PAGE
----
Back in early May I reintroduced you to several of the swallow species that we can find here in Eastern Iowa. If you missed this post but still like to have a look, just click HERE and a new window will open and will bring you back to this post. One species was missing, the Cliff Swallow, although I had seen it in 2013. Luckily a few days ago I recognized some swallows flying under one of the bridges that cross the Little Maquoketa River down in our valley. Pretty soon I identified them as Cliff Swallows, mainly by the distinctive spot on their forehead. I came back last Sunday, prepared to climb under the bridge into the mud of the river bed. They were in process of building their nests out of the mud that they can just find below in the river.
I think it is fascinating to watch these little architects how they do this. For them the structure of the bridge is a perfect place and a great habitat to raise their offspring. The building material is right below, the bridge protects them from predators and weather, and they have plenty of food available because of all the insects that call the river bed home. The only concern that I have is a big river flood, as we have seen it before, when the water level may reach the lower parts of the bridge. This would cut them off from the nest and may put their chicks in danger.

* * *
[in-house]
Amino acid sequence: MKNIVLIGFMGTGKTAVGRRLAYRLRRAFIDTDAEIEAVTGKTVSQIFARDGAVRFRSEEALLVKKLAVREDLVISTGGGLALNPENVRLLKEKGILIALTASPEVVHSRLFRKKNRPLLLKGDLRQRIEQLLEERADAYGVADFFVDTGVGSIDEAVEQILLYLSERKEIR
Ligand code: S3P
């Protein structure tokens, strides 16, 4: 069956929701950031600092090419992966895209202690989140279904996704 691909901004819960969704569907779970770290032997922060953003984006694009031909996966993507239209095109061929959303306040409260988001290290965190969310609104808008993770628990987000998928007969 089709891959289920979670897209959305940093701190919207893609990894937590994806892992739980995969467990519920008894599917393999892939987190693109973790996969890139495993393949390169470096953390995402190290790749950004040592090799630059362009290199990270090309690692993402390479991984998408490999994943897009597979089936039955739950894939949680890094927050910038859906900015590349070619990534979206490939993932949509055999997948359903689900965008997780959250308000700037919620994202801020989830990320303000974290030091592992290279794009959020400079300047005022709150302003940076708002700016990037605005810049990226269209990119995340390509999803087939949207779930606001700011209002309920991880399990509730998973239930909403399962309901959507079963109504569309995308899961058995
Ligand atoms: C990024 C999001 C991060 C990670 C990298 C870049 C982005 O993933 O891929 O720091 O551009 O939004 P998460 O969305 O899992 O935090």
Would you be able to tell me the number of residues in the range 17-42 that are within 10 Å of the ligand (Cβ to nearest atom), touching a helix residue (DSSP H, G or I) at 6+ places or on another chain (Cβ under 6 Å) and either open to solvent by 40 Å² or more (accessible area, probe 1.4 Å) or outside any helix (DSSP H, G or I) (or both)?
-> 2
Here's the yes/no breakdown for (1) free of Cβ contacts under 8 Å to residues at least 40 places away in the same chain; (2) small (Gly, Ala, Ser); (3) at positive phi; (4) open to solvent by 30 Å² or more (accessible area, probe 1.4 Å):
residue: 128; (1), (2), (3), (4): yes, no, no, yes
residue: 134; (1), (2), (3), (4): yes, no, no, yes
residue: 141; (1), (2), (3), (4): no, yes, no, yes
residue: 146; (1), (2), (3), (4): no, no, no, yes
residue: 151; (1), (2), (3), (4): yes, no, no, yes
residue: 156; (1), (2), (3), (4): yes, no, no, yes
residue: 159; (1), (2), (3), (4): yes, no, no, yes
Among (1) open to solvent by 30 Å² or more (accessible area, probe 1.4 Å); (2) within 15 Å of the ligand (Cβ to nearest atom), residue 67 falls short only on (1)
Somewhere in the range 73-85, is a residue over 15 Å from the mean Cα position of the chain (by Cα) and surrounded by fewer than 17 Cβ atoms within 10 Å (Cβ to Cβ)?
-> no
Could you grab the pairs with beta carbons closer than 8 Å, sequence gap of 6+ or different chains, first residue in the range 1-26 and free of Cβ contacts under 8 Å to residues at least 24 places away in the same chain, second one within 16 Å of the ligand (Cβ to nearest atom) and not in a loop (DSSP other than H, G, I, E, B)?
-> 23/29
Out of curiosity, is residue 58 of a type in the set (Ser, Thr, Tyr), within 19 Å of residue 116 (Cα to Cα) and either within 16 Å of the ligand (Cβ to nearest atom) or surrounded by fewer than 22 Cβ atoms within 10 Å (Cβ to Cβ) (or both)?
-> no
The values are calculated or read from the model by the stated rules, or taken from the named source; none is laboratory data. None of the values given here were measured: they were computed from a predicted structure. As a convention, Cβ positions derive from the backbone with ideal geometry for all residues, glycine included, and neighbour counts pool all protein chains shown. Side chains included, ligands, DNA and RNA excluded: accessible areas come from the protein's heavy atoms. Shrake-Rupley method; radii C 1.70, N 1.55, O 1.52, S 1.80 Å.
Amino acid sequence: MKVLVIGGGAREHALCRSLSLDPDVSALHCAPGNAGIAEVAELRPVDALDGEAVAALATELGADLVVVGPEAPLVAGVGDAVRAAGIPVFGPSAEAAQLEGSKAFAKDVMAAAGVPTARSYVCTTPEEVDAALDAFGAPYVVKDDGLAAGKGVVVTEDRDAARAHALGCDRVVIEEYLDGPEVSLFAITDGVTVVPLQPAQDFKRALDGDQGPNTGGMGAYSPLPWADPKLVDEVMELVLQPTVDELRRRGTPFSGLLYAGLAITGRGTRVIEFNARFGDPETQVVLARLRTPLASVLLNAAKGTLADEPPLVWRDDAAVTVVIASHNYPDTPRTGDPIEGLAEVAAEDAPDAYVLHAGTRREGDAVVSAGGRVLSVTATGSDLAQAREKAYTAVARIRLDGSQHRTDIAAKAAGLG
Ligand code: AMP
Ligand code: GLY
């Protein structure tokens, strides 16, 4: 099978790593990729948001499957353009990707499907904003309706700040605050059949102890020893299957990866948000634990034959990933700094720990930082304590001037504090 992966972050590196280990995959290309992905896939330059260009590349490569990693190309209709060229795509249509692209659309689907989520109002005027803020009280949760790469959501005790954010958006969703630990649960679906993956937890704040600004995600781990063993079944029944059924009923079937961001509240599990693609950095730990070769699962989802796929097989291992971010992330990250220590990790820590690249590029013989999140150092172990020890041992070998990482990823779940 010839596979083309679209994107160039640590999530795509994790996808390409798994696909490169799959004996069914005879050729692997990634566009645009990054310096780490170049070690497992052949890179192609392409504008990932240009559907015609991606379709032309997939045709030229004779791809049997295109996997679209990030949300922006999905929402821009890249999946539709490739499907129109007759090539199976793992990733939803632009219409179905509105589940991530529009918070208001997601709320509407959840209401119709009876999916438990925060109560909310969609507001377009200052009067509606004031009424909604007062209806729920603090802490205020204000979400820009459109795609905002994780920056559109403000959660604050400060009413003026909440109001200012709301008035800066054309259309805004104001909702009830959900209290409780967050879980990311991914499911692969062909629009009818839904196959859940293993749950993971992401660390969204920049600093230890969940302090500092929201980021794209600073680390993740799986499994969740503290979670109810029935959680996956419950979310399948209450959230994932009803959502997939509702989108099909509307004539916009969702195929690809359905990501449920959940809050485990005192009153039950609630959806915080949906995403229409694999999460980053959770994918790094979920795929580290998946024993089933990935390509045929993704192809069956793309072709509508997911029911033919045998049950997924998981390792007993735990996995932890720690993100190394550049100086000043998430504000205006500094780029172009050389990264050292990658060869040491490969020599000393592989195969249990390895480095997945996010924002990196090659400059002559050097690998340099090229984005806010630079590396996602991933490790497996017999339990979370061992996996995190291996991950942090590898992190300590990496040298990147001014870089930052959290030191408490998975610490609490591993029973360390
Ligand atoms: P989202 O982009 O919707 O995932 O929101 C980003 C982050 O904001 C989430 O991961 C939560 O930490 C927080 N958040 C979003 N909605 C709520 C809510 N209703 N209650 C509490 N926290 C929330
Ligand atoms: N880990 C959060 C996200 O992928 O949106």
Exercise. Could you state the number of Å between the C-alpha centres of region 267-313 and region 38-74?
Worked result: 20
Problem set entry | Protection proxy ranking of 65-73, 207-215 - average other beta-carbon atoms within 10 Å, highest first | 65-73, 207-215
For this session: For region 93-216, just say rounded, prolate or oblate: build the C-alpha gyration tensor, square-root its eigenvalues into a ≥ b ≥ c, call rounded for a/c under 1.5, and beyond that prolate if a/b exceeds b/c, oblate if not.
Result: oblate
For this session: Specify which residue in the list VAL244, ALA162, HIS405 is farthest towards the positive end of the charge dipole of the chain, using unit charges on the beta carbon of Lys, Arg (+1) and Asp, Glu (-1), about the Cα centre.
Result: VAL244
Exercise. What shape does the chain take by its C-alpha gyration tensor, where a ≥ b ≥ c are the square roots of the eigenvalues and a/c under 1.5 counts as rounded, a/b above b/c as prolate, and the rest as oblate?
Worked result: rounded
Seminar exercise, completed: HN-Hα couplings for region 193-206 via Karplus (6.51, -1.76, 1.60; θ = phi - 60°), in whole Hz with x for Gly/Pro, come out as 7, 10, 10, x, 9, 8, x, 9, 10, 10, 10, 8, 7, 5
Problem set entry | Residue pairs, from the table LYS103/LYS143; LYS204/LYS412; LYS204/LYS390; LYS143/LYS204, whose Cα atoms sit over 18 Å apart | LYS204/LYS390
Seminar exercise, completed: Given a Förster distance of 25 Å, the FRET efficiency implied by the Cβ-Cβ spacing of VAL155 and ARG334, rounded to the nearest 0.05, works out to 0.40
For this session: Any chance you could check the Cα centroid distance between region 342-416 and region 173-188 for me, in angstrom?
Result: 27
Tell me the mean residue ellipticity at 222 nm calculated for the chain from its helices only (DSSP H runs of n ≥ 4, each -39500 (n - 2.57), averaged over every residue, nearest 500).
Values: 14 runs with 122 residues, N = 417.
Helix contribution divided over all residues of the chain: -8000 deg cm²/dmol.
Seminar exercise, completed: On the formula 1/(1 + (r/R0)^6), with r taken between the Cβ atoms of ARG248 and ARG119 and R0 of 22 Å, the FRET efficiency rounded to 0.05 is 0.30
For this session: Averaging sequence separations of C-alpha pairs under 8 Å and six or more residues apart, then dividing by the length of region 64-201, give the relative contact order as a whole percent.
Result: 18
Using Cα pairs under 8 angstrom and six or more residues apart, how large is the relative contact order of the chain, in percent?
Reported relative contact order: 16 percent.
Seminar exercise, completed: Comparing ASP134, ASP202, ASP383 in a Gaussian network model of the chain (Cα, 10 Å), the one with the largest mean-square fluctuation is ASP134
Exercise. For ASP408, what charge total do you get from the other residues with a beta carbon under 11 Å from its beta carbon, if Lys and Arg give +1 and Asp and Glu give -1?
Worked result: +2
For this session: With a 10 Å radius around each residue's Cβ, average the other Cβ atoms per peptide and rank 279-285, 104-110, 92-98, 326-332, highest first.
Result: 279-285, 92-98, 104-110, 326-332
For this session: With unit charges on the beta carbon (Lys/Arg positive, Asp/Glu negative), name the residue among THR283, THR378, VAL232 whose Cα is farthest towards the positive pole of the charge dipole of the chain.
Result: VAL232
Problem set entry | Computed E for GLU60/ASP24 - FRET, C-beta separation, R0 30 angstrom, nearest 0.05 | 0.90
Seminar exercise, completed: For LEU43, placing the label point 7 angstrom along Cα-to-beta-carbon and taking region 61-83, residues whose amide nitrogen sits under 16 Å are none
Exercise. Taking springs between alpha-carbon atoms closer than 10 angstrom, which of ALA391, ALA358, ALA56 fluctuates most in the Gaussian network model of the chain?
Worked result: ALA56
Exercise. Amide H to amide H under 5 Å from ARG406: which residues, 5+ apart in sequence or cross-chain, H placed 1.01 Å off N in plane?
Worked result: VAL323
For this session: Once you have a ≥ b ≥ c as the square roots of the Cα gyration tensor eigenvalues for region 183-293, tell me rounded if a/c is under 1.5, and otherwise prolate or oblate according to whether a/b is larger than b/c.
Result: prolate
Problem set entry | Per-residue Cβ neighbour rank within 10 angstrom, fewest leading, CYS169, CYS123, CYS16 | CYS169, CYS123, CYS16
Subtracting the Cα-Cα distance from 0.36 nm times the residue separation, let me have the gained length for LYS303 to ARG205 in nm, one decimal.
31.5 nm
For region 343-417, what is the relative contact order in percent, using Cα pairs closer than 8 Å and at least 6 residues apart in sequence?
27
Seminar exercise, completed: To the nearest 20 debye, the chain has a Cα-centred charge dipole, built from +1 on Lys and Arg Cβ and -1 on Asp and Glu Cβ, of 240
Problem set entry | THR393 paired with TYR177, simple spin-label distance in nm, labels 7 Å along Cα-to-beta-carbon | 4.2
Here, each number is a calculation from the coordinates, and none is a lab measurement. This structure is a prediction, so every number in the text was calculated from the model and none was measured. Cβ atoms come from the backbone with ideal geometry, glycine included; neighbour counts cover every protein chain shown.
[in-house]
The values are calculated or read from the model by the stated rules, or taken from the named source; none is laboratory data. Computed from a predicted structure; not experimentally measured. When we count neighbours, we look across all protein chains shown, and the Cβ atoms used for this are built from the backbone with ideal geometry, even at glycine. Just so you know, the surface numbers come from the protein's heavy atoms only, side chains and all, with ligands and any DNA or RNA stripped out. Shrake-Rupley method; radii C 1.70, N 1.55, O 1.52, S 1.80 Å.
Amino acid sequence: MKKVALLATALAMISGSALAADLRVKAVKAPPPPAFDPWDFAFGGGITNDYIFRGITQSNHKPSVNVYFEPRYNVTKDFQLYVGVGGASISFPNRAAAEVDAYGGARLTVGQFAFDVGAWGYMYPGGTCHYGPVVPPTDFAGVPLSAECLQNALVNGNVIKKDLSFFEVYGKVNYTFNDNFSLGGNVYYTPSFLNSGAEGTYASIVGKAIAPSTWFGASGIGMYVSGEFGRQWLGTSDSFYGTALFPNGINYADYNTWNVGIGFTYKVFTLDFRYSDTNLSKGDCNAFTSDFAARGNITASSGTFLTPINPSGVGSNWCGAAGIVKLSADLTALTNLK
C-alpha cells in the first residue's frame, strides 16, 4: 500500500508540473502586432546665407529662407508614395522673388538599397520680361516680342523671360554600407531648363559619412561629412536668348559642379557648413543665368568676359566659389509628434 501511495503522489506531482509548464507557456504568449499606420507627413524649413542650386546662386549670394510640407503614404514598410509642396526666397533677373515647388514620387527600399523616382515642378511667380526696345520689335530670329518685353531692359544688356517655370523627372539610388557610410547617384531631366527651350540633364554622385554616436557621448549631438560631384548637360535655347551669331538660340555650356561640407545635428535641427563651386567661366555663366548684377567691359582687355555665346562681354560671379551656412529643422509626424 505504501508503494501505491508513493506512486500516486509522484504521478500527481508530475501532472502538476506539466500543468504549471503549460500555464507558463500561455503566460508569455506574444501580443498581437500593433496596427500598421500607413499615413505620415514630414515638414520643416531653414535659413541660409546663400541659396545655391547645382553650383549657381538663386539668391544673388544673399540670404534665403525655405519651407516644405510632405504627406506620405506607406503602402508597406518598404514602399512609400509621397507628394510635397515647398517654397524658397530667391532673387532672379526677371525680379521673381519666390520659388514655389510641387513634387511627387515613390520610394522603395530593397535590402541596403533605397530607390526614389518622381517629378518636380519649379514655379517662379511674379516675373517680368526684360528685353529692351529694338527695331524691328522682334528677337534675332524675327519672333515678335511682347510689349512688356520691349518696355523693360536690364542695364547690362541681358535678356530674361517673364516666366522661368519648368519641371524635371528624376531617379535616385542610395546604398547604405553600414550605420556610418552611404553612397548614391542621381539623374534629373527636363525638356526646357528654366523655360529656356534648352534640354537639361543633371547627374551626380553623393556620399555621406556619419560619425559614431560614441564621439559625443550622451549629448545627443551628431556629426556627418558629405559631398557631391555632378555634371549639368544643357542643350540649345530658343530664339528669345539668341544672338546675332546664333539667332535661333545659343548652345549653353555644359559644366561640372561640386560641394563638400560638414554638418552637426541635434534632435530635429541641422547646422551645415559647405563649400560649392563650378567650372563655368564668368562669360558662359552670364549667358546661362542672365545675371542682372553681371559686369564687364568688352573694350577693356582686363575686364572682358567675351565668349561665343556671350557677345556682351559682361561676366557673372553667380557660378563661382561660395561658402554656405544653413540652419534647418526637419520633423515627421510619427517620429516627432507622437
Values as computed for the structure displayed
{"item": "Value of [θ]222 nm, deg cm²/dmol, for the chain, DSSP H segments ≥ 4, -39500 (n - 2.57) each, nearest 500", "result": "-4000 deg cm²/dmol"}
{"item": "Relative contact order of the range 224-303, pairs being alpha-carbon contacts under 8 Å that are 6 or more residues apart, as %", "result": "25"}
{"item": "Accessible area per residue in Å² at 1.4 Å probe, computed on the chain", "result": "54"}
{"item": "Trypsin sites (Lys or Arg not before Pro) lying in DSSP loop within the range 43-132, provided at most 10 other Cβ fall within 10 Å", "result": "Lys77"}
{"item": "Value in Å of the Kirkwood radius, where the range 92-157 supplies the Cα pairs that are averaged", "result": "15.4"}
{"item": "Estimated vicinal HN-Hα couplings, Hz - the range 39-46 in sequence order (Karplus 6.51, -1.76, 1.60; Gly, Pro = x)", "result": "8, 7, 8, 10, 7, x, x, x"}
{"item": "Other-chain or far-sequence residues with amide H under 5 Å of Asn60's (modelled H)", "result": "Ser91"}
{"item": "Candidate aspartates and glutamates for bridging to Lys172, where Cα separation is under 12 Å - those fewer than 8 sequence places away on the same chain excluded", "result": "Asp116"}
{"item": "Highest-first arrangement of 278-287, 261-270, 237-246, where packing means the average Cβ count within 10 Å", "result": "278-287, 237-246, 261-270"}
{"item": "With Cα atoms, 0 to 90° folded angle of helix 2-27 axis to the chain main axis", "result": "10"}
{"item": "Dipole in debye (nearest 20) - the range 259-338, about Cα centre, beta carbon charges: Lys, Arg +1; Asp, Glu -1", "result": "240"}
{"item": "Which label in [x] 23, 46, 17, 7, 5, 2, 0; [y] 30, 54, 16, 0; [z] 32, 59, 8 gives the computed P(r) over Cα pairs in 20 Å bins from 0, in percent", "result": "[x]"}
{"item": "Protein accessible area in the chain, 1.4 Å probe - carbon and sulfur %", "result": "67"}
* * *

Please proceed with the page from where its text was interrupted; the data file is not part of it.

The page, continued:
I shot these images in an awkward position on a steep slope under the bridge for about thirty minutes. The mosquitos were biting, it was muddy and slippery, and I was concerned, not so much about myself, but about my gear falling into the river. At the end I was very happy about to see the Cliff Swallows again and bring home some decent photos that tell a little story about these master architects.